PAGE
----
The International Peace Institute published a new paper written by Gretchen Baldwin and Sarah Taylor. The paper provides an overview of how the UN and troop- and police-contributing countries are trying to integrate uniformed women into missions and how mission mandates interact with the women, peace, and security agenda. It also explains expectations of uniformed women in peacekeeping operations, specifically regarding the protection of civilians, as well as structural barriers, taboos, and stigmas that affect uniformed women’s deployment experiences.
The paper concludes with initial findings and guidance for researchers and practitioners. It calls for the UN and member states to consider transformative possibilities for increasing women’s participation that push back against existing assumptions and norms. This requires grounding integration strategies in evidence, transforming missions to improve the experiences of women peacekeepers, and implementing a gendered approach to community engagement and protection.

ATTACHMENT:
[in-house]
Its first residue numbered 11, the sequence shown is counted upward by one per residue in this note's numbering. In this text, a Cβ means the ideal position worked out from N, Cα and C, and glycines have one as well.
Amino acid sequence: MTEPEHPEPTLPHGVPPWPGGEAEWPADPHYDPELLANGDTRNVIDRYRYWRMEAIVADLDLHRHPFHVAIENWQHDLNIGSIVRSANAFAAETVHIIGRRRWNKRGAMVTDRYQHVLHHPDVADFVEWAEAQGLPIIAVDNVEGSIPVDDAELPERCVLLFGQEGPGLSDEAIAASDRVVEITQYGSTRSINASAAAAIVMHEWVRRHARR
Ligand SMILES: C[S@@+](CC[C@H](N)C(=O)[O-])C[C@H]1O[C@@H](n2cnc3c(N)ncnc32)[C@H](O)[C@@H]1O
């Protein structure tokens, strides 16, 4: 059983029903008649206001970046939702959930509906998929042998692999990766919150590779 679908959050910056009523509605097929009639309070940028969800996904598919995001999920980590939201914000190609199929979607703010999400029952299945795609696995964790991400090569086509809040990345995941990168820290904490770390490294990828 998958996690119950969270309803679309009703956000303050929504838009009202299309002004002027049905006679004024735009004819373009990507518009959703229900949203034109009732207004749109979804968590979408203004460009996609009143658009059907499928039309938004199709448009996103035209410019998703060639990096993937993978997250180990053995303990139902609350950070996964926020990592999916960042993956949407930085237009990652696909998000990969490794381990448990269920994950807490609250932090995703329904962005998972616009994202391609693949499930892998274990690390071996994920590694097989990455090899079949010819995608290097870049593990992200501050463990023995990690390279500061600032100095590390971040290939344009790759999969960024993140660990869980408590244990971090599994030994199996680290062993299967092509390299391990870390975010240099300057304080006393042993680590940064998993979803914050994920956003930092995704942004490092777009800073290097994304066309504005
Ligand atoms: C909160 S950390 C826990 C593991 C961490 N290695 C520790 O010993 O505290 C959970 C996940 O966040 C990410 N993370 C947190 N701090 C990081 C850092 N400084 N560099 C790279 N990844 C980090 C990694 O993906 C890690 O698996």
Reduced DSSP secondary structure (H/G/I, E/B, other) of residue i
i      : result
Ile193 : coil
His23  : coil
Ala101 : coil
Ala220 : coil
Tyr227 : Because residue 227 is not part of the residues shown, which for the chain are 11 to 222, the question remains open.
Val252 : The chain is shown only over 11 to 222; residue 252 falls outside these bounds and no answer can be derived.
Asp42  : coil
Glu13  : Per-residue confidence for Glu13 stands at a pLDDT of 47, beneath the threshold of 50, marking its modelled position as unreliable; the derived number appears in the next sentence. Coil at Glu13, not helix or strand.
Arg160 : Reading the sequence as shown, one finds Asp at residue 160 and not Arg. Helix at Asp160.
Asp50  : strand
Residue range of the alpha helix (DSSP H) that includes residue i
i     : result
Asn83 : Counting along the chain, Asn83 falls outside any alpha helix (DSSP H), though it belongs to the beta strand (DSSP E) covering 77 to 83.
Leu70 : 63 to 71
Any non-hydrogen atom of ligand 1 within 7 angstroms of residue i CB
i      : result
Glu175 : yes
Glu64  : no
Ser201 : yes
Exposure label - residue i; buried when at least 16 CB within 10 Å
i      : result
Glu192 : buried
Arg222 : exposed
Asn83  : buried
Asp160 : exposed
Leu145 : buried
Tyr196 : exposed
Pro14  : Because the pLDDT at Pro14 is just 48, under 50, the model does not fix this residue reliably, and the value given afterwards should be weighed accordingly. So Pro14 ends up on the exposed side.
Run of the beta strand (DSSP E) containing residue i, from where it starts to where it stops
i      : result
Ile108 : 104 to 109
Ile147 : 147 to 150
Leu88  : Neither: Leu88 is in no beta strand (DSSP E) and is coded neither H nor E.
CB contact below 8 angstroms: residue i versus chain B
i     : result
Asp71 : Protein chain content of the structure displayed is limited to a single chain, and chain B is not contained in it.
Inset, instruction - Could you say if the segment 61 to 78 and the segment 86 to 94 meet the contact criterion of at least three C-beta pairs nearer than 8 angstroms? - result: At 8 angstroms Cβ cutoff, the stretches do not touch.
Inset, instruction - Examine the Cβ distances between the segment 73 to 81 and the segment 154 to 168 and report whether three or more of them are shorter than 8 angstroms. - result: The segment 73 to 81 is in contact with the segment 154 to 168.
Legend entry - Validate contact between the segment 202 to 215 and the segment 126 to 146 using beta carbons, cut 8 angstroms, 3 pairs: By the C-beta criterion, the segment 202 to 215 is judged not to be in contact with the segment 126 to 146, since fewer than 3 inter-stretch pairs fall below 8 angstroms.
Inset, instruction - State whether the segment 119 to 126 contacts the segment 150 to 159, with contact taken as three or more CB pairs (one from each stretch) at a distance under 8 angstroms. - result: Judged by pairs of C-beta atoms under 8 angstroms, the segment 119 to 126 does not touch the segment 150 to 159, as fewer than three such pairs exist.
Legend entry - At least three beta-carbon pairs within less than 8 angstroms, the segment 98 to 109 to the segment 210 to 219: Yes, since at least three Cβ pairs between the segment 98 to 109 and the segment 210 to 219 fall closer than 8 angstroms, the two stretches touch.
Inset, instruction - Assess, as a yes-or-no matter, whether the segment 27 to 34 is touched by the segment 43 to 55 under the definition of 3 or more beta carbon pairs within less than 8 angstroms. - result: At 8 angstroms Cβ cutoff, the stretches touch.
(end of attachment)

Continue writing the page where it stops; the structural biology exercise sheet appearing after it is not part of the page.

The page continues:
Find the full paper here.